By all accounts, it should be a good time to be in Opposition. What green shoots of recovery there were are all but dead. Last week's public sector strike was the biggest in a generation. Even the Chancellor has been forced to admit that the economic outlook has worsened materially, and his self-appointed task of eliminating the public deficit within one parliament is no longer possible.
But where the Opposition might reasonably expect a double-digit lead in the polls, Labour's ratings are flat, barely a whisker ahead. More troubling still for Ed Miliband is that sizeable chunks of the public both blame Labour for our economic woes and trust the Conservatives more to deal with them. Individually, George Osborne's cuts may be unpopular. But in the aftermath of a global recession blamed on over-indulgence, and in the midst of a eurozone crisis ostensibly caused by unaffordable debt, there is widespread – if resigned – public support for austerity.
Against such a background, even the economic authority of John Maynard Keynes sounds, in the mouths of Labour politicians, too much like the stereotypical profligacy of the left. Therein lies the Labour leadership's most immediate difficulty – the lack of economic credibility. Simply re-stating the arguments for stimulatory spending will not help. Neither is it practical, as some suggest, to try to turn the debate away from the economy to health or education. But there is a remedy, albeit an unappetising one. Labour must be seen to take responsibility for the past. With both leader and shadow Chancellor so closely associated with Gordon Brown's now-discredited chancellorship, there is no other way to defuse the Coalition's repeated claim that Labour overspending ranks alongside global financial meltdown and the eurozone crisis in causing the current misery.
In fairness, there have been hints. In his party conference speech, Ed Balls admitted that Labour got the regulation of the City wrong. But both he and his leader must go much further. Gordon Brown's claims to have ended boom and bust must be openly repudiated alongside an explicit recognition that spending ran too high, for too long.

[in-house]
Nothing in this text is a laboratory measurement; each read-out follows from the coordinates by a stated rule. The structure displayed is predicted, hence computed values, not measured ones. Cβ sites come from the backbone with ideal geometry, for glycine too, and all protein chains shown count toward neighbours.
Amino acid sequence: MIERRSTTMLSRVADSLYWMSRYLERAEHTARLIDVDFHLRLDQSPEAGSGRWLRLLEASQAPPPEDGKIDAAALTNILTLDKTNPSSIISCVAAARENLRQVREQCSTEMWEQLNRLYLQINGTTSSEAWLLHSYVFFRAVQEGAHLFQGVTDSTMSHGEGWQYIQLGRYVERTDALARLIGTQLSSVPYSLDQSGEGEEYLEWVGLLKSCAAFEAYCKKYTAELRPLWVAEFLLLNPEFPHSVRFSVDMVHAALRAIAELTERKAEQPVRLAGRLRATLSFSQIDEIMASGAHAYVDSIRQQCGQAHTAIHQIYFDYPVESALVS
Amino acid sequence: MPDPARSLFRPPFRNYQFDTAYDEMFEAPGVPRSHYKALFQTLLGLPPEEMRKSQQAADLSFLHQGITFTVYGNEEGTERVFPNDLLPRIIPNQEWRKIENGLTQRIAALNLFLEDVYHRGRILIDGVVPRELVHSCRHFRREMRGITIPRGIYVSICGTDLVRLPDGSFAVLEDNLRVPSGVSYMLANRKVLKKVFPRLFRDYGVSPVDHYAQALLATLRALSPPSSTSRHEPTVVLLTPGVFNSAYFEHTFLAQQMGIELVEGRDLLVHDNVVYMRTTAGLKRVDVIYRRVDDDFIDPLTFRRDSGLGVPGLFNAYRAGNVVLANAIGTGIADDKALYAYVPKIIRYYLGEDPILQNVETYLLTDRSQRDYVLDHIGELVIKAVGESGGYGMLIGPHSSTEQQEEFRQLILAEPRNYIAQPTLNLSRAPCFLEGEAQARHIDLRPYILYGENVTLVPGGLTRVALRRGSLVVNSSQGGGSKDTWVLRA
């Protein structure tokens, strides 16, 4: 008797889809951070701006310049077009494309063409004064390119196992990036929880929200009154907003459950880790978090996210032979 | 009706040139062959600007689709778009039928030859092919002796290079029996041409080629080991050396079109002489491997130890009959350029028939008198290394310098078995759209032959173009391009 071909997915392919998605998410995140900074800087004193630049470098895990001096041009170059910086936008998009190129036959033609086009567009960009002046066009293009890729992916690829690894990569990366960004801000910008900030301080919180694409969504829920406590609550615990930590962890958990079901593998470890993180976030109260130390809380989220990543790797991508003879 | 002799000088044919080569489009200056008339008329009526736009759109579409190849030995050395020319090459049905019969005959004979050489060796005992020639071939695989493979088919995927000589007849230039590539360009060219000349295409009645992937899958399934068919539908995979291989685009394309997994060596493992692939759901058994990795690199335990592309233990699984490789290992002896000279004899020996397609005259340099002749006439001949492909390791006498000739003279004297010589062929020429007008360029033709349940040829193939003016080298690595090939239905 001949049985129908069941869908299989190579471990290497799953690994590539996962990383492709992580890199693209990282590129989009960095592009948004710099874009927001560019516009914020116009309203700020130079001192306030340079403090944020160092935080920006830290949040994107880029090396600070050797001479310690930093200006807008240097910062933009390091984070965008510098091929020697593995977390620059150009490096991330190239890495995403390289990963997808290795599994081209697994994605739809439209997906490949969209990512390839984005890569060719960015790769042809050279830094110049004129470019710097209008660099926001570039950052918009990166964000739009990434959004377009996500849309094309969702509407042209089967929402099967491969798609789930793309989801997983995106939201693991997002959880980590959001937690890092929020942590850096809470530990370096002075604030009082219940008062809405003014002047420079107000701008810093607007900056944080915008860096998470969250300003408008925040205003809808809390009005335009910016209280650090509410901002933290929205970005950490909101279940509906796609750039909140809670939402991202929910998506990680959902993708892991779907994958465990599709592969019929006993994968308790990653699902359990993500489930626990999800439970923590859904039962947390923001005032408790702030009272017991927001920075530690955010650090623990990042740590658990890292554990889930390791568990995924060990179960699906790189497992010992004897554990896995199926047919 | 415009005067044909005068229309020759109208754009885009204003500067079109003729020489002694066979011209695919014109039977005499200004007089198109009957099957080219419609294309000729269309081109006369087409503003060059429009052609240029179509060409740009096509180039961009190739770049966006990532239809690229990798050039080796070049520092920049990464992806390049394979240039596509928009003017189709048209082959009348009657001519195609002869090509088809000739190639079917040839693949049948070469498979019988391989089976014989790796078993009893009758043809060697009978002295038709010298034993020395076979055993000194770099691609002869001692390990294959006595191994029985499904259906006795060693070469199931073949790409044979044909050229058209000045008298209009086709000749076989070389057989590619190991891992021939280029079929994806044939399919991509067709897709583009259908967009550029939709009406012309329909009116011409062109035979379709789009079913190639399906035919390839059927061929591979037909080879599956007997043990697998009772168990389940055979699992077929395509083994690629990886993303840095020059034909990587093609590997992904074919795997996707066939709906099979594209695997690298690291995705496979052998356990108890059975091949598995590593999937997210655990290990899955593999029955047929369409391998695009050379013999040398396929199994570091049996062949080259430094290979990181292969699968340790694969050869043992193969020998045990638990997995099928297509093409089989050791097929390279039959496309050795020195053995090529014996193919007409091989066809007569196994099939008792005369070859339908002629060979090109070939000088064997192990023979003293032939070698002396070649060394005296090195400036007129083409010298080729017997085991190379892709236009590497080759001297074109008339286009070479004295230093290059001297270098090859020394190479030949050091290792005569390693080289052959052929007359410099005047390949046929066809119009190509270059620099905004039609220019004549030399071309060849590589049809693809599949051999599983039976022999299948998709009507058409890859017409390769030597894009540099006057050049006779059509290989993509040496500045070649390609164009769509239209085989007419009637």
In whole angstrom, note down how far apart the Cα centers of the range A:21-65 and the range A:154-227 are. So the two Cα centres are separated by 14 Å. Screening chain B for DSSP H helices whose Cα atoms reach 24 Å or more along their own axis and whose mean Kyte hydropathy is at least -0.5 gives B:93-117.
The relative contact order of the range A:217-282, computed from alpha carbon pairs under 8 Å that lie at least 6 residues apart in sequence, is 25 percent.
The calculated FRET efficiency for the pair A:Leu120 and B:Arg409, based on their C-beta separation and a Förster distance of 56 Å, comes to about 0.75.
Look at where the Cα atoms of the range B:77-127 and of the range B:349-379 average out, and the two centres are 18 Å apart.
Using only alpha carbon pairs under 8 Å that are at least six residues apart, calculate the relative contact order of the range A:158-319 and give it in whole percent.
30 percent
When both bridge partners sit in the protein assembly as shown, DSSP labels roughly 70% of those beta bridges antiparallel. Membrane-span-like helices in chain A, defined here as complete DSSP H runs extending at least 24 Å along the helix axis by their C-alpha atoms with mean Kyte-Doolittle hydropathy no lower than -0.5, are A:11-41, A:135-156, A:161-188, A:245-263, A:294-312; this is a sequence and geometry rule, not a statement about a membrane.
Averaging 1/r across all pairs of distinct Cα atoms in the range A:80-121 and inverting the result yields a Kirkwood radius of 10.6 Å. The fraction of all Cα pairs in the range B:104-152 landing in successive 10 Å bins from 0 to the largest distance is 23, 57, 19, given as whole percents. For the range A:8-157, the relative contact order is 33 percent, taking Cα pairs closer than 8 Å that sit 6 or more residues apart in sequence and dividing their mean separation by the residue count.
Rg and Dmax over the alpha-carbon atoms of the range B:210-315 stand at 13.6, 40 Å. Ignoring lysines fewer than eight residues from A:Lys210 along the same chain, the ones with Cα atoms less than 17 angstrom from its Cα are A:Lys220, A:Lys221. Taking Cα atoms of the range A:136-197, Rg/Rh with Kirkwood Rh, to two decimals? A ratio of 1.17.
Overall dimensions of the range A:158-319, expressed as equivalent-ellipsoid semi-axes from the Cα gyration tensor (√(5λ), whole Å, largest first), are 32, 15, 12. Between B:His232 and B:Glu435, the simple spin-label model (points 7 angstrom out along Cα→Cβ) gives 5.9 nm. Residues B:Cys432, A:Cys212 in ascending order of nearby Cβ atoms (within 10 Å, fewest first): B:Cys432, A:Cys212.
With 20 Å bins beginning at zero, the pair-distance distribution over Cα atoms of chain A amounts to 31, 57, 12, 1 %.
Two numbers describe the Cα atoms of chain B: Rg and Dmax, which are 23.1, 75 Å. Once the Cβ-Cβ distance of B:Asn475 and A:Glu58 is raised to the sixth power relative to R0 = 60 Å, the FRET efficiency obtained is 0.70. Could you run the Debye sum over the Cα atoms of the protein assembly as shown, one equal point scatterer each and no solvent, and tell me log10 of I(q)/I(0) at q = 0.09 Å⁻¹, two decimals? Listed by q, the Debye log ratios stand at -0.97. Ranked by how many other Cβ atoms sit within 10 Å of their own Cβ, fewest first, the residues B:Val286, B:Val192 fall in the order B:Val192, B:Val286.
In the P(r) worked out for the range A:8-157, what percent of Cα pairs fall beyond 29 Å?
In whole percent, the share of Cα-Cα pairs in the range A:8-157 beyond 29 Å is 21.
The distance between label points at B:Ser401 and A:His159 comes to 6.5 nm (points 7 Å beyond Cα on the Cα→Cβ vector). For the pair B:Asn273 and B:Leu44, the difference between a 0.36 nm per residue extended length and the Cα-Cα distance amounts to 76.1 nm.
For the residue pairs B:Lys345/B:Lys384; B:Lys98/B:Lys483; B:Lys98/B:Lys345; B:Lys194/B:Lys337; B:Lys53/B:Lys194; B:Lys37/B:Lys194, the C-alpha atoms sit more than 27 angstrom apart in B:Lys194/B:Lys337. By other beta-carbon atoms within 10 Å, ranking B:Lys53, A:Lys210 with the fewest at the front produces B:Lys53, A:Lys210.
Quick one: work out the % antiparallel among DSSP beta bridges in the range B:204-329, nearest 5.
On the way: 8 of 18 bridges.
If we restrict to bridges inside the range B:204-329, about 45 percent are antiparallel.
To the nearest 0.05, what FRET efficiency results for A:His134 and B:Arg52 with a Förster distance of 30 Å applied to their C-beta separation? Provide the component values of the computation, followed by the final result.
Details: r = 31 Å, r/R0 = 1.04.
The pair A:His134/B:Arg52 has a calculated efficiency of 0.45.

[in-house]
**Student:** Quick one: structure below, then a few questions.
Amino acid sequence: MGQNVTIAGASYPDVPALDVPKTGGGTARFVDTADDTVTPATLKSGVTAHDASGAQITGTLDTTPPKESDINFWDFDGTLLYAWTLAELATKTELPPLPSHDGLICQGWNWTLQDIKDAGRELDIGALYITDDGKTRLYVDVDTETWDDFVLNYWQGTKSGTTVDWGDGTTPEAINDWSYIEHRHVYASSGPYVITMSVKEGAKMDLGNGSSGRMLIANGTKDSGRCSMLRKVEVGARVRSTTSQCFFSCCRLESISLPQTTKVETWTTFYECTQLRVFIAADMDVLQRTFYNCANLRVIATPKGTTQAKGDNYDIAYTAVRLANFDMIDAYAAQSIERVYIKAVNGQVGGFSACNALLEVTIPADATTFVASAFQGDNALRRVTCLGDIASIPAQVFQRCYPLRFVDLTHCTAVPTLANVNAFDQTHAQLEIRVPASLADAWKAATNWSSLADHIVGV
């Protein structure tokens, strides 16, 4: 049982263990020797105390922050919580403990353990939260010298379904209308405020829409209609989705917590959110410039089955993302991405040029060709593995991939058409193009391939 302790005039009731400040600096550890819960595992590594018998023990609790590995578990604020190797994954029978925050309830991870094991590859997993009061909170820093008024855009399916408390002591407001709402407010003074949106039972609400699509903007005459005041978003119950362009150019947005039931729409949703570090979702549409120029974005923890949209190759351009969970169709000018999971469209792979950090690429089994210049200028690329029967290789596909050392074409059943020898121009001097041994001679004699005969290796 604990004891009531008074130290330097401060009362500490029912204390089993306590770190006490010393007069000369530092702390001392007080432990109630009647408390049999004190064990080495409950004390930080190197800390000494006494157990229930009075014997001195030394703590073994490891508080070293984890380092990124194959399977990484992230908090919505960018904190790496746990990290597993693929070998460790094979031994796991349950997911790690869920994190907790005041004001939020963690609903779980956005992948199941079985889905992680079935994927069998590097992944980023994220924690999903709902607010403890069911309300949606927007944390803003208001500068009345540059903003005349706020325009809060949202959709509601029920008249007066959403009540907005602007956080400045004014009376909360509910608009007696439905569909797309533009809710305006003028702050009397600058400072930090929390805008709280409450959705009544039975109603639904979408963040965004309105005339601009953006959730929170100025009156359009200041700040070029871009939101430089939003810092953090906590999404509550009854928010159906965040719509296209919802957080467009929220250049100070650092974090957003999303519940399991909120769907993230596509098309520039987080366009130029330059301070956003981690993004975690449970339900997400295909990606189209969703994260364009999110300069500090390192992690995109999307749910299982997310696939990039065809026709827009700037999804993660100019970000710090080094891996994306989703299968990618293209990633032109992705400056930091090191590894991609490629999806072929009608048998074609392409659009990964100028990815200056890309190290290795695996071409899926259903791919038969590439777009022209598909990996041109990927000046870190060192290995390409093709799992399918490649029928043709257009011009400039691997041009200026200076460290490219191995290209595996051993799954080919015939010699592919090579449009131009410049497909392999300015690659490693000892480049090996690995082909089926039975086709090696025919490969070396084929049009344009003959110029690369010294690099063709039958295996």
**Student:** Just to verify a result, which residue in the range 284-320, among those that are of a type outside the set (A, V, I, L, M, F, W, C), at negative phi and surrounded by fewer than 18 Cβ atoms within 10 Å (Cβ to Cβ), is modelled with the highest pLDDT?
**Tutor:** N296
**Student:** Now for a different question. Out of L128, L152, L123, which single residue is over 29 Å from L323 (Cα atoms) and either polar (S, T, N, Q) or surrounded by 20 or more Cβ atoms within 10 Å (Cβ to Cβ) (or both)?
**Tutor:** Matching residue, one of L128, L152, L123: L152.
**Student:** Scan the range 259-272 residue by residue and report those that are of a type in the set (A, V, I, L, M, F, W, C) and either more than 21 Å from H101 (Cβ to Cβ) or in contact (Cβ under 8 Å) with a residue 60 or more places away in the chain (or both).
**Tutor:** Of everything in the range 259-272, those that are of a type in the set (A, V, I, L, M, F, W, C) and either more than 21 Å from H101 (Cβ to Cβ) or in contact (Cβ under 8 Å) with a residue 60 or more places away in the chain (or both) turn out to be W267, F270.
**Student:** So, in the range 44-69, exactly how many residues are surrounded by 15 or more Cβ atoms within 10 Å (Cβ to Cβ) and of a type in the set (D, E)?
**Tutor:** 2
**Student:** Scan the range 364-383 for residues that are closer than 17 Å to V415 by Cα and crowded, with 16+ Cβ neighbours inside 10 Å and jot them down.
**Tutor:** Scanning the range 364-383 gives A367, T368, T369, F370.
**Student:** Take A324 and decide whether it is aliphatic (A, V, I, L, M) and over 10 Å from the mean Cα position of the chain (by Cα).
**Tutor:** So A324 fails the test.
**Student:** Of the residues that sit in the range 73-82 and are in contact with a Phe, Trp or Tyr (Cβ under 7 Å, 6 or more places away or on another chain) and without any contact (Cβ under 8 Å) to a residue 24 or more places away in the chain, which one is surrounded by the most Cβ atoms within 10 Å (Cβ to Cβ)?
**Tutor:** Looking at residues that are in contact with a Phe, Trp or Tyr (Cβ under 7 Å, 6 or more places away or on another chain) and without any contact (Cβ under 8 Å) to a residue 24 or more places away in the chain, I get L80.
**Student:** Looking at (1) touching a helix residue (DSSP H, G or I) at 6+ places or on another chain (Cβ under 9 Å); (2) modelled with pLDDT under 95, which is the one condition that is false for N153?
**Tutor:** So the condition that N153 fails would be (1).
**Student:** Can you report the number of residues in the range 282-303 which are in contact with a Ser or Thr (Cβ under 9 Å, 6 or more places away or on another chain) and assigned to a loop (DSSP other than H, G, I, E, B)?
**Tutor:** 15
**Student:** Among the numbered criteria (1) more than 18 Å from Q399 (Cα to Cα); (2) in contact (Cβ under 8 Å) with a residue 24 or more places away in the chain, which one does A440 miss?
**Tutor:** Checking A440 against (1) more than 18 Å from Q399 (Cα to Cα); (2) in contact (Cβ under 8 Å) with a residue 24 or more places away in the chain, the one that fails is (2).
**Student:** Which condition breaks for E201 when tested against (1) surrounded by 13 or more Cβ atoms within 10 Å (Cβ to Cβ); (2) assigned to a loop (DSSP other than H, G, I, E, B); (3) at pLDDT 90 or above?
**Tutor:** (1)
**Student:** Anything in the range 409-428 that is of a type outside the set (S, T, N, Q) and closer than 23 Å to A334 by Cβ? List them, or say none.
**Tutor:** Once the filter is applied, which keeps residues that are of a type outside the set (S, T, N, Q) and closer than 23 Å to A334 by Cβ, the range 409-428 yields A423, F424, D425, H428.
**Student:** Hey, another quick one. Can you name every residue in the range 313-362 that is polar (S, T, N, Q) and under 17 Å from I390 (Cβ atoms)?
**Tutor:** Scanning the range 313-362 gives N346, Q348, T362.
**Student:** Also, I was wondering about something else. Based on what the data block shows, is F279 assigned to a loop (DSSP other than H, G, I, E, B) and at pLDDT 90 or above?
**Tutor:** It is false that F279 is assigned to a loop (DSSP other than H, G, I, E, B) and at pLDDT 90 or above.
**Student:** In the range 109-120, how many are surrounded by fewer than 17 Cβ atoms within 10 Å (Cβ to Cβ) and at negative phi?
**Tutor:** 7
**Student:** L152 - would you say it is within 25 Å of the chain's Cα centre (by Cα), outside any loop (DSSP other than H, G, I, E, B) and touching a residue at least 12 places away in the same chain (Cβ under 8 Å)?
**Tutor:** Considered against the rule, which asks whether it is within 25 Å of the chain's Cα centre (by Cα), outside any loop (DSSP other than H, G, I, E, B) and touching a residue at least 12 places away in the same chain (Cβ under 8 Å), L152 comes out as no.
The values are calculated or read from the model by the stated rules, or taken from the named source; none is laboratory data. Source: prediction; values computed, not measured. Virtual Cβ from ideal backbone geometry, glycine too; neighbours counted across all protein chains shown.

Only then can Mr Miliband hope to address his broader challenge. With society more unequal than ever, despite 13 years of Labour government, and public services insufficiently improved to justify the vast sums spent on them, and the vast debts racked up as a result, more than anything else he must explain what the Labour Party is for.
Even with a consensus on austerity, there is still political room for manoeuvre. Starting with the question of how cuts can be apportioned fairly to ensure that we are "all in it together", Mr Miliband must also outline how Labour's goal of a fairer society can be delivered without simply opening the public purse. That means developing a narrative about smart reforms, rather than spending. It also means focusing on the private sector as well as the public. Incoherent moralising about predators and producers must give way to sensible plans to stimulate growth and encourage innovation.
The biggest danger is complacency. Despite the dismal polls, there is a sense among many in the Labour rank-and-file that there is plenty of time between now and the next election for Osborne to dig his own political grave and the sins of the previous Labour administrations to be forgotten.
As a strategy, it amounts to little more than keeping one's fingers crossed. Unless Mr Miliband acts quickly, he risks entrenching public scepticism and condemning his party to years in the wilderness. Not only is that no good for Labour. It is no good for Britain. In these troubled times, we need a credible Opposition more than ever.